Gut Hermannsberg Riesling Trocken 2015

Fresh balance and liverly with juicy fruit and good minerality. Typical Nahe feel, floral, herbatious.
SKU: 2650
$20.25

Details

Details

This wine is a blend of five different vineyards, including the top ones. Some are young vines. The wine shows off the amazingly complex Nahe soil: Lemberg Porphyry, Metaphyre, slate, and terrace gravel. Plus quartz, copper, Iron and schist; in short, it is a geologist's paradise, and a wine lover's as well. The wine is more more open and juicy already, but will probably age for a few years too.

Additional Info

Additional Info

Farming Standard sustainable
Winemaker Karsten Peter
Producer Gut Hermannsberg
Alcohol 12.00
ml 750
Residual Sugar (g/L) 7.80
Acidity (g/l) 7.90
Closure Screw Cap
Cellar Potential 2014 - 2017
Grape Variety 100% - Riesling
Body light
Sweetness dry
region Nahe

Region

Nahe


Nahe is an official wine-region in Germany, but has been classified only since 1971.

Before that, it was a source for mainly undistinguished "Rhine Wine."

Part of the state Rheinland-Pfalz, its wine-villages and towns are laid out along both sides of the Nahe river, which flows into the Rhine at Bingen.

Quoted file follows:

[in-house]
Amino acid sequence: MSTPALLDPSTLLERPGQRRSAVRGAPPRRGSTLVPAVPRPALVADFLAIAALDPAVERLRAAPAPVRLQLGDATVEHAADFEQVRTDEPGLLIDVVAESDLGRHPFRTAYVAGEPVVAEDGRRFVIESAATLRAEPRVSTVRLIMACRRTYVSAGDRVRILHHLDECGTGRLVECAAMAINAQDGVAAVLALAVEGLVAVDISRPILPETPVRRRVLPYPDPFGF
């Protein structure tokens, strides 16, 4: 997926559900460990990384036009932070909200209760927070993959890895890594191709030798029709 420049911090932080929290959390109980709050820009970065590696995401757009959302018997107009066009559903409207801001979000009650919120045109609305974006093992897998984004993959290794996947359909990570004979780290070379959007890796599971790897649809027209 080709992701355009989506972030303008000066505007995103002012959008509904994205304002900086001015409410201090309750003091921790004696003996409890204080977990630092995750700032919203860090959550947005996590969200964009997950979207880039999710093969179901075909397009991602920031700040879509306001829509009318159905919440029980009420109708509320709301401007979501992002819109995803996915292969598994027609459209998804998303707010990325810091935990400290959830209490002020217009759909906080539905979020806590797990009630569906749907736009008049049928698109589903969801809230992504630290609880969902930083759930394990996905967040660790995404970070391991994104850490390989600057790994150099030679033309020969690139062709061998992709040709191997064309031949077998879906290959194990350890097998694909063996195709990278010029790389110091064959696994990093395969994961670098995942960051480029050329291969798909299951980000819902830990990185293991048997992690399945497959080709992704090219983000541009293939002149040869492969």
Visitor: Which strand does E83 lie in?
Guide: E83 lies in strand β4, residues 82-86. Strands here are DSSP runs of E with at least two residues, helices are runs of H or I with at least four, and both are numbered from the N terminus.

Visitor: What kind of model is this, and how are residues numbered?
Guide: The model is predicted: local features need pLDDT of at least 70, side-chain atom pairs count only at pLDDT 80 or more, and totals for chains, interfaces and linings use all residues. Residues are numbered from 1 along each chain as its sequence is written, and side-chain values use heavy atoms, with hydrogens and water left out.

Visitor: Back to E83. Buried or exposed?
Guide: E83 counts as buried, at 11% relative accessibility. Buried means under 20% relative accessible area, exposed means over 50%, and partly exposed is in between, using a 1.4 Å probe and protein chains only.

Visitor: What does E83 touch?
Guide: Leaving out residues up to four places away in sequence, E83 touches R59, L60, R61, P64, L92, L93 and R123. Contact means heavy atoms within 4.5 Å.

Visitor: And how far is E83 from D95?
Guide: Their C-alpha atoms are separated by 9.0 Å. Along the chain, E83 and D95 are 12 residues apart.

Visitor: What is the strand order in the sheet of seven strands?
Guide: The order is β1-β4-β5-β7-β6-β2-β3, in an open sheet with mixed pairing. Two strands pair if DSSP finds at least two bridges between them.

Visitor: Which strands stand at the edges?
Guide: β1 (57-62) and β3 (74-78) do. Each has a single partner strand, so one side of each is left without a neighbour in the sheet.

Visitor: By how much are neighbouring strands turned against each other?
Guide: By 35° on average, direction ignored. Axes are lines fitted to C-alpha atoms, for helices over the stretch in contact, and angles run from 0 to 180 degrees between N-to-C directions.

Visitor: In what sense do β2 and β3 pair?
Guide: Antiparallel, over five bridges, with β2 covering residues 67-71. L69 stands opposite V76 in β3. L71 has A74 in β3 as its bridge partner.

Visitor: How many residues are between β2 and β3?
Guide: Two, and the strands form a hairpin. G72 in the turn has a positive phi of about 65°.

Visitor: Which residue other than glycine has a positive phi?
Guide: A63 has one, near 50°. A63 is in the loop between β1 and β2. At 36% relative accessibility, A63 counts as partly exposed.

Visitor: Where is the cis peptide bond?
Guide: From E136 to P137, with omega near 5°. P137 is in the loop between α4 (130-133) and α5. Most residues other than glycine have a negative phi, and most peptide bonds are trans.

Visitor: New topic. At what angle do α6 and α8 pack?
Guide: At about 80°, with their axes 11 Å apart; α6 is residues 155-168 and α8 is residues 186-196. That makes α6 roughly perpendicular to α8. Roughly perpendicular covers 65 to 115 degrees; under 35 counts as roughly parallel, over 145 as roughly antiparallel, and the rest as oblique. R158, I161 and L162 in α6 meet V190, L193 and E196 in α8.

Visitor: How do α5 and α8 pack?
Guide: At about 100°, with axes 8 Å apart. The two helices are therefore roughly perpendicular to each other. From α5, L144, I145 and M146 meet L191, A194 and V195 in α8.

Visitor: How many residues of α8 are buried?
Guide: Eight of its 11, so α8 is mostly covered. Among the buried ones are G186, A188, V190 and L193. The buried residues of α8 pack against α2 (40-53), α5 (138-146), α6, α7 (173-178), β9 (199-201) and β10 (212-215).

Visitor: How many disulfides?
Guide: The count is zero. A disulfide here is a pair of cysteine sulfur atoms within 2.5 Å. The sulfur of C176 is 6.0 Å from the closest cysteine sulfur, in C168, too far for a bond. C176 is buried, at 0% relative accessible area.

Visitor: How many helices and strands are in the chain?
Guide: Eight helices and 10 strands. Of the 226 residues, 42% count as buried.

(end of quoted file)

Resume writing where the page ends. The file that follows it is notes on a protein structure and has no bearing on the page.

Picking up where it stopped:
There are currently more than 10,000 acres under vines, in which 75% of the vines grow white grapes, with Riesling the predominate variety.

The volcanic nature of its geography has led to a marvelous variety of soil-types porphyry, slate and sandstone sometimes occurring within the same vineyard site.

There are currently more than 10,000 acres under vines, in which 75% of the vines grow white grapes, with Riesling the predominate variety.

The volcanic nature of its geography has led to a marvelous variety of soil-types¬óporphyry, slate and sandstone sometimes occurring within the same vineyard site.

Subregion

Upper Nahe


Characterized by a striking diversity of soils including slate, sandstone, laphyre and porphyry, and progressively higher temperatures as you move downstream, the Upper Nahe features some of the most spectacular vineyard sites, like the Bastei or the Rotenfels.